and footbridge. DESCRIPTION: entrance building, north side (Up Relief platform): 18 by 2 bays, orange-red brick, buff brick dressings and engineering brick plinth detailing. Hipped slate roof. Stone cornice, keystones to openings, impost blocks to brick pilasters and plinth capping. Architrave of red and white brick. North and south facades have different patterns of wide and narrow openings. Two end bays at each end of the north façade are set back from the central section which has a canopy of iron brackets and a corrugated metal roof. Similar canopy to south (trackside) facade. The timber valances have rounded edging and are pierced. Large wall mounted lamps are located on the end bays of the north façade. To either side of the entrance building are iron railings and newel posts. A Victorian post-box is set into the south façade. Interior: ticket office has an original wooden partition with ticket window (painted shut).
Island Platform: waiting room on island platform: in the same style as the entrance building. Five by two bays, with a central opening as a wide open archway. To either side of the archway is a small waiting room. End windows are bricked up. Hipped slate roof. Canopy attached on the north (Down Relief) side: cast-iron brackets and structure with corrugated metal roofs. The timber valances have rounded edging and are pierced. Interior: No other features of interest.
Footbridge: west of the platform buildings a riveted iron lattice footbridge spanning all tracks and linking all platforms. Has the GWR monogram and a date of 1884 in the spandrels. Supported by pairs of cast-iron columns with enriched bases and capitals. The timber valances match those of the building canopies. These are carried as gables over the staircase entrances, which are topped with finials. Stairs have original timber handrails with iron mounting brackets. Restored in 2006.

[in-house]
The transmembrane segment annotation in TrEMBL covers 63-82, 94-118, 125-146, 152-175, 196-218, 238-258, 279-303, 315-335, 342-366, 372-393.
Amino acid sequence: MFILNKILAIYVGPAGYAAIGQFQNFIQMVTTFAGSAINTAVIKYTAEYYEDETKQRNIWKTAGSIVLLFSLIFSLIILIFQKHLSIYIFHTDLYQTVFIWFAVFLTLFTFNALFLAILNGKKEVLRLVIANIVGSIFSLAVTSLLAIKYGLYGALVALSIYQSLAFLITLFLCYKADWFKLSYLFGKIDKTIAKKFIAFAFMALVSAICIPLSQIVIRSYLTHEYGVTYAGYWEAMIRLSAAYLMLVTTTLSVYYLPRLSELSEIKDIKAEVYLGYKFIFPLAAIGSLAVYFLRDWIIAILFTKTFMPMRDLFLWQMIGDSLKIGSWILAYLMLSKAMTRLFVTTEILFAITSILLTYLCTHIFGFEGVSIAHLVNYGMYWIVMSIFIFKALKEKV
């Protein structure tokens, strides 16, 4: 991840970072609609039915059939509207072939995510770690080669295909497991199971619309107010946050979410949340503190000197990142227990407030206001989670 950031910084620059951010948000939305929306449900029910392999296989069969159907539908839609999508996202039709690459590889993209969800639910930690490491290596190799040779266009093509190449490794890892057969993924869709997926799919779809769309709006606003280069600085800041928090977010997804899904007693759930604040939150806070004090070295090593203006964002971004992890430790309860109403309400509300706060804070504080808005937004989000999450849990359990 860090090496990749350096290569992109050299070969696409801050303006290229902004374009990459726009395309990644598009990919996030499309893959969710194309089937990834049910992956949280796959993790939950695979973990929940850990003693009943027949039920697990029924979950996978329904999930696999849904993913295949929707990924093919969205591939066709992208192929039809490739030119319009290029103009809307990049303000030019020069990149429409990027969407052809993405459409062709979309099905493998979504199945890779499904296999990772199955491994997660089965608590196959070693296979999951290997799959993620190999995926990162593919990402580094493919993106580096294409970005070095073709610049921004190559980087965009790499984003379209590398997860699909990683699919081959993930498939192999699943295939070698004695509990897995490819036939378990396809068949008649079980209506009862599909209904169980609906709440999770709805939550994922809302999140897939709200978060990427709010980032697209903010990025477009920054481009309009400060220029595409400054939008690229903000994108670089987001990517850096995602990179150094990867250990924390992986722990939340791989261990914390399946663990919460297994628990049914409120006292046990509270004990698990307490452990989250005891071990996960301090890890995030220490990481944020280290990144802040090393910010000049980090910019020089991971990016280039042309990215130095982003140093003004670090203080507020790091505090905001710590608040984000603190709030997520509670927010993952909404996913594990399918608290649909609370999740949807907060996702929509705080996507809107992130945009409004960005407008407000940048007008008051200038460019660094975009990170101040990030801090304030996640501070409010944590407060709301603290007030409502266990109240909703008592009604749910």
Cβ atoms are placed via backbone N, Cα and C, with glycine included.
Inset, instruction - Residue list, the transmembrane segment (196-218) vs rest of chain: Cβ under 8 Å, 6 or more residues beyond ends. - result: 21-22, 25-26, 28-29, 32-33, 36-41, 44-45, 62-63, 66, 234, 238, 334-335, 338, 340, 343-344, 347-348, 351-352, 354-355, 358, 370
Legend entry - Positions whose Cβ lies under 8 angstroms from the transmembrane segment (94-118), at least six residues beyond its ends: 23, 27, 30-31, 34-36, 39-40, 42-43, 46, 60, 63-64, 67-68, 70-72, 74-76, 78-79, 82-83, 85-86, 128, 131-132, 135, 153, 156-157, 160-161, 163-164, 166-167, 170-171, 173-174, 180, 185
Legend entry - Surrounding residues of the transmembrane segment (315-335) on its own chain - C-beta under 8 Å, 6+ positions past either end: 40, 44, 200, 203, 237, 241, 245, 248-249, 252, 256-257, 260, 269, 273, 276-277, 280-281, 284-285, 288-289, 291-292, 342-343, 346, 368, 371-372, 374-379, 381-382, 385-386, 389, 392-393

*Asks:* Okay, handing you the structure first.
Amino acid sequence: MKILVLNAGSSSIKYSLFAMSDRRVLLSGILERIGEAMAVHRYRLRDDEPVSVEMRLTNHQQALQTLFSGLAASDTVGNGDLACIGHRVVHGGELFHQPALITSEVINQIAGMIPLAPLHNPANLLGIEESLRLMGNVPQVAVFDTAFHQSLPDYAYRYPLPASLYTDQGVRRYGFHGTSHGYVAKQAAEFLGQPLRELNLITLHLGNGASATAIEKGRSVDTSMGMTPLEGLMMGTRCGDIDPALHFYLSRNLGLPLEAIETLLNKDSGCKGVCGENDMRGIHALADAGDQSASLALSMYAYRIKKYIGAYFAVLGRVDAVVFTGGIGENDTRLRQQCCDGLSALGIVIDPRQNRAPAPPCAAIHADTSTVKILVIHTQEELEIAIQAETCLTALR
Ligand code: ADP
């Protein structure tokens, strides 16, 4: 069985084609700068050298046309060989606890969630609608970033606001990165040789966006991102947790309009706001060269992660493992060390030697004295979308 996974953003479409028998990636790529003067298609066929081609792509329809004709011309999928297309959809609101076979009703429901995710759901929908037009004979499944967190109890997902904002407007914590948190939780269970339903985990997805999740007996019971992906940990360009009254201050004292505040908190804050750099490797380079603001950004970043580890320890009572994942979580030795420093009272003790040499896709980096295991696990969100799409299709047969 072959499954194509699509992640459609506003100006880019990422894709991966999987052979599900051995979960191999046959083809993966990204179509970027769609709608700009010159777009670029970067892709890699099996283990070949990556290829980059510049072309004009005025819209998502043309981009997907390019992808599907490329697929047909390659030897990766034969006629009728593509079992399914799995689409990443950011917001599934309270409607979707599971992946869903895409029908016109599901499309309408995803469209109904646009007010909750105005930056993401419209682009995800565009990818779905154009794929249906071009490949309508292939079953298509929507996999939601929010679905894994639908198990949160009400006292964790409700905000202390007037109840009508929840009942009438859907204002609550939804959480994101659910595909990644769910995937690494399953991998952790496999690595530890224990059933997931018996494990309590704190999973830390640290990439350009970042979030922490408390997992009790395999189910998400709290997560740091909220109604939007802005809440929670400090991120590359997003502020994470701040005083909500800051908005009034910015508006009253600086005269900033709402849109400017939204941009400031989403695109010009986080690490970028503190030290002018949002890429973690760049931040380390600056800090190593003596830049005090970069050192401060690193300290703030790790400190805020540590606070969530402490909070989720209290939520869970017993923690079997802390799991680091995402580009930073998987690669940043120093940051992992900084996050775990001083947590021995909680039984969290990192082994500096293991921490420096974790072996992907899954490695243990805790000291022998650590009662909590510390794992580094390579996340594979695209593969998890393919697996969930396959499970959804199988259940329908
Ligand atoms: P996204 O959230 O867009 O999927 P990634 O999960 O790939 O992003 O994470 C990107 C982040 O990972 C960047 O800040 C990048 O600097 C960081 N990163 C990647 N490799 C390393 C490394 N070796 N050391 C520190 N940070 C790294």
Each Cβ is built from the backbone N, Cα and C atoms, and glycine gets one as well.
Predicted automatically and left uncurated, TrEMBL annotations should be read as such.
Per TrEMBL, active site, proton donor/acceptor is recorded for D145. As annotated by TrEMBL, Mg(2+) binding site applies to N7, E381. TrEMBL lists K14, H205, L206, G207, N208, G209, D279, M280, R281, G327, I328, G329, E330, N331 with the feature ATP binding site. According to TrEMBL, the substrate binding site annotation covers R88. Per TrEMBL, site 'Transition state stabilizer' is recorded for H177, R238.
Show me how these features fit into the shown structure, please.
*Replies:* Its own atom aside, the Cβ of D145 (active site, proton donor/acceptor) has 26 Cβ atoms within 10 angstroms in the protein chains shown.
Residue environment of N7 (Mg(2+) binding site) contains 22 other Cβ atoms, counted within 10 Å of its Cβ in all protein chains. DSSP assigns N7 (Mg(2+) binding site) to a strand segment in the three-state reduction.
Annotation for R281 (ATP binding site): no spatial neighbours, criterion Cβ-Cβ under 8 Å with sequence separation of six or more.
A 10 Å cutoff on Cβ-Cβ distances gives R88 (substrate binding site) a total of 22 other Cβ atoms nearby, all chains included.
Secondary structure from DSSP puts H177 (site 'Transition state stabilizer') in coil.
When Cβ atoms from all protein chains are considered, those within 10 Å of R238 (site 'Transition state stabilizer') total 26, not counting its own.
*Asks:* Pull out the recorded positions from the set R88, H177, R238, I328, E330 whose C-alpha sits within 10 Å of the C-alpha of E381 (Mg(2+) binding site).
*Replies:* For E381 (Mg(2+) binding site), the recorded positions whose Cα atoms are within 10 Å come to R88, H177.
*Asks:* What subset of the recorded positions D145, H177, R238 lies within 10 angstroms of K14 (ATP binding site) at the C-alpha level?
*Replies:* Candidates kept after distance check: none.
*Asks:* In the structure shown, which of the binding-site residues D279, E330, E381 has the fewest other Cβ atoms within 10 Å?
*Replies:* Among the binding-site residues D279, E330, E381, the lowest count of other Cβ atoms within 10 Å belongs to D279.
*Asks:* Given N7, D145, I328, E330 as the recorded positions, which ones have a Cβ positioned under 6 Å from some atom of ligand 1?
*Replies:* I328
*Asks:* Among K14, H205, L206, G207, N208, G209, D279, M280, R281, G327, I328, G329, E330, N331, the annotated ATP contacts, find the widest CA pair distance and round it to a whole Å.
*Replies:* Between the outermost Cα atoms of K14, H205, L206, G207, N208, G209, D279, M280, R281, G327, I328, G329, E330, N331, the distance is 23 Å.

Historic photographs show a very large and unusual two-storey signal box built on cast-iron columns and rising from the centre of the footbridge, which passed through the signal box's enclosed lower stage. This has since been demolished and there is now no evidence of it.
Selected Sources:
Bourne, J, C, The History and Description of the Great Western Railway , 1846
Brindle, Steven and Cruickshank, Dan, Brunel: The Man Who Built the World, 2005
Cross-Rudkin, P and Chrimes, M, EDS, Biographical Dictionary of Civil Engineers Vol 2: 1830–1890 , 2008
MacDermot, E, T, A History of the Great Western Railway, 1927, revised ed. 1964
Pugsley, A, The Works of Isambard Kingdom Brunel, 1976
Vaughan, A, A Pictorial Record of Great Western Architecture , 1977
Alan Baxter & Associates, The History and Significance of the Great Western Main Line , 2012, Alan Baxter & Associates
Kinchin-Smith, R, Crossrail Technical Assessment of Historic Railway Bridges , 2005, RPS Planning and Environment.
Assessed in 2012 by English Heritage for inclusion in statutory list but considered not to meet the criteria for listing (B2).

Sources (2)

  • <1>SBC23358 Unpublished document: English Heritage. 2006. NMR Buildings Reports. BF007407.
  • <2>SBC24249 Unpublished document: English Heritage. 2012. Letter re notification of designation decision with accompanying advice report on Taplow Railway Station.


Grid reference SU 91572 81340 (point) (Approximate)
Civil Parish TAPLOW, South Bucks, Buckinghamshire

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Record last edited

Jul 17 2012 12:29PM